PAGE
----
Letters from Berkeley: Finding a personal revolution


I sometimes find myself in situations that make me wonder what I would have done if I’d lived in a Soviet-bloc country in the Communist era. I’d like to think I would have been a dissident, reading and writing banned material, helping to work toward nonviolent revolution and freedom from a monstrous system that amazes me still with how it perpetuated itself even though nobody liked it.

It seems more likely, though, that I’d have been passive, acceding to the game without making any waves, breaking rules only in my imagination. Maybe I’d even have joined the Young Communists, or been an informer, or a rude shopkeeper. See, when I look at the dichotomy of autonomy-belonging, I like to say I’m the autonomous type. But then I look at situations like this:

I was sitting in one of my seminar classes last week and, having a moment of utter boredom, let my eyes wander around the table and to the professor in the front. He was standing pressed back against the chalkboard, both arms crossed over his solar plexus. His tie was crooked, and his face gleamed with a faint sheen of sweat.

I looked around the room and discovered that every single person in the room was “matching” the professor. Every person except the woman with the laptop and myself had their arms crossed, their shoulders hunched. The woman with the laptop crouched behind her screen as if it were a shield.

Experimenting, I opened my body — arms and legs uncrossed, feet planted on the floor, spine straight, shoulders back. And my third chakra — the energy center smack in the middle of the solar plexus — felt hard as a rock. I wanted to hunch my body over again, cross my limbs, and protect myself. From what? Probably the vibration of pain everyone was in.

Bodily discomfort, I have learned, is a communication indicating that a change is desirable. The change I wanted was to pick up and go do any of a number of things I was fantasizing about during class — mostly running along the lines of sleep, food and masturbation. Looking at everyone in the class, it seemed no one wanted to be there, not even the professor. So what kept us going? Some strange Communist-type game told us we had to keep plugging away, without making any waves.

I read something once about how the split between one’s authentic being and one’s social self is the basis for alienation — the root of the feeling that one cannot do anything. That disjunction in the relationship between facets of one’s own self is reflected in an individual’s inability to break free of the lies she is trapped in and perpetuated through social agreement.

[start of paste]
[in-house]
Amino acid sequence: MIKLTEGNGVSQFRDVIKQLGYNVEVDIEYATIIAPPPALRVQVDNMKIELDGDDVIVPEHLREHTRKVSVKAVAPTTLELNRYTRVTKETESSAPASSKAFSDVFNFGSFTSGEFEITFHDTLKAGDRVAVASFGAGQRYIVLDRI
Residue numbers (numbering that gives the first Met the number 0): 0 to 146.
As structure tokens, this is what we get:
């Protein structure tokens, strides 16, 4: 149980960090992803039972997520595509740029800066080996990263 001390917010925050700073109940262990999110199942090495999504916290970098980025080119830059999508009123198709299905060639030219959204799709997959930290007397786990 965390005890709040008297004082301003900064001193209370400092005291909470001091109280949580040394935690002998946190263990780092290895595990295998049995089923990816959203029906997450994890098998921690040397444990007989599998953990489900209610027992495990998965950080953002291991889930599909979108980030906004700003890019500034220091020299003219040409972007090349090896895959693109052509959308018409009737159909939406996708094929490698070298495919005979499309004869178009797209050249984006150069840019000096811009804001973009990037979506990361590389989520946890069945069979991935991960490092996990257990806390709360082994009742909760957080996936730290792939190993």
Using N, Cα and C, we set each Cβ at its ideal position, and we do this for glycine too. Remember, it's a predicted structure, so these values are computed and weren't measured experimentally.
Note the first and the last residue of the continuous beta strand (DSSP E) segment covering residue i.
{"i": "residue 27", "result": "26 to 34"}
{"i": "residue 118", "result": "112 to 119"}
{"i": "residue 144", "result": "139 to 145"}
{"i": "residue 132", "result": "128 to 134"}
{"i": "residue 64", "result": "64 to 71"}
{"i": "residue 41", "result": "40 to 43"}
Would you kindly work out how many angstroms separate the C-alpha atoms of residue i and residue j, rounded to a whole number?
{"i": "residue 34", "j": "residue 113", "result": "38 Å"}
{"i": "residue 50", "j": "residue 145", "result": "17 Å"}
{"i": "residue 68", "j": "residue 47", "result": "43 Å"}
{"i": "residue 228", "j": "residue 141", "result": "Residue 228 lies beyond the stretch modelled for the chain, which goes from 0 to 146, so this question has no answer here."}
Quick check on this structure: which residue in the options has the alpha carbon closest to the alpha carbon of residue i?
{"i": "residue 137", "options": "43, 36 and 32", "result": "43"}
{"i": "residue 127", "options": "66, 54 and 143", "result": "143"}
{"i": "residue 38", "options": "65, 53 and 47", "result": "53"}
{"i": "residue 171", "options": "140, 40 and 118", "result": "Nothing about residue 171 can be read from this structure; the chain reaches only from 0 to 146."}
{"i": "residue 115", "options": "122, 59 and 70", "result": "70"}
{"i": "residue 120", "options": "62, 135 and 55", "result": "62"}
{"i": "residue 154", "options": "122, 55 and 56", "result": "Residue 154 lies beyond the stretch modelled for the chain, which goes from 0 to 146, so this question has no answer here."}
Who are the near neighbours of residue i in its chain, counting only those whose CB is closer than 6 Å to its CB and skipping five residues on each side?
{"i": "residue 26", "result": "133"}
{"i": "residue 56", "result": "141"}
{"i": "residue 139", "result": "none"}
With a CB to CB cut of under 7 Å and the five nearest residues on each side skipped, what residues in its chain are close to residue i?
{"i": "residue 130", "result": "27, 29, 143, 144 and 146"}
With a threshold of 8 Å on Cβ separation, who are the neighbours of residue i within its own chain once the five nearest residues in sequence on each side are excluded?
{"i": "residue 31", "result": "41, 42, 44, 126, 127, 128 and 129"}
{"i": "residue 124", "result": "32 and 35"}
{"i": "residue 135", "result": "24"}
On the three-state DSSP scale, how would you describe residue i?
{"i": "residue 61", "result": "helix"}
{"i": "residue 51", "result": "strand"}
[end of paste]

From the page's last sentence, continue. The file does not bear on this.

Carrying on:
The third chakra is sometimes described as a person’s center of power in relation to the physical world. I’ve seen it as my self-esteem, how I feel about myself in social relation to the world. This is in contrast to the fourth chakra, the heart center, which is the source of self-affinity — how I love myself. When I become my social self by orienting my perspective through the third chakra, I identify myself with whatever social game I’m involved in — law school, legal career, citizen, whatever. The lie is that if I keep grounding through my social self, I’ll stay in the game, and maybe even win it. The problem arises when the esteem society has for me by playing the game doesn’t match up to my affinity for myself. When the game loves me but I don’t, that’s when the pain comes in, as validation must come entirely from the outside.

Why do I not high-tail it out of unpleasant situations like boring classes I learn nothing from? There’s that oft-heard saying that the point is to be in the game but not of it — in other words, not to match the vibration of pain felt by the vast majority playing the game. The way to unmatch is to make sure that space of self-love equates self-esteem. As usual, balance and holism is key — not thinking about how to compromise between facets of self, but looking at how they are part of the same body, each a reflection of the whole.

I haven’t figured out how to do it yet. But there’s a revolution in the making somewhere in me, and it seems part of the key to allowing it to happen is self-love no matter what, even if my more romantic side calls most of what I’m doing in school a sellout. It doesn’t have to be — the peace comes from being comfortable wherever I am in present time.

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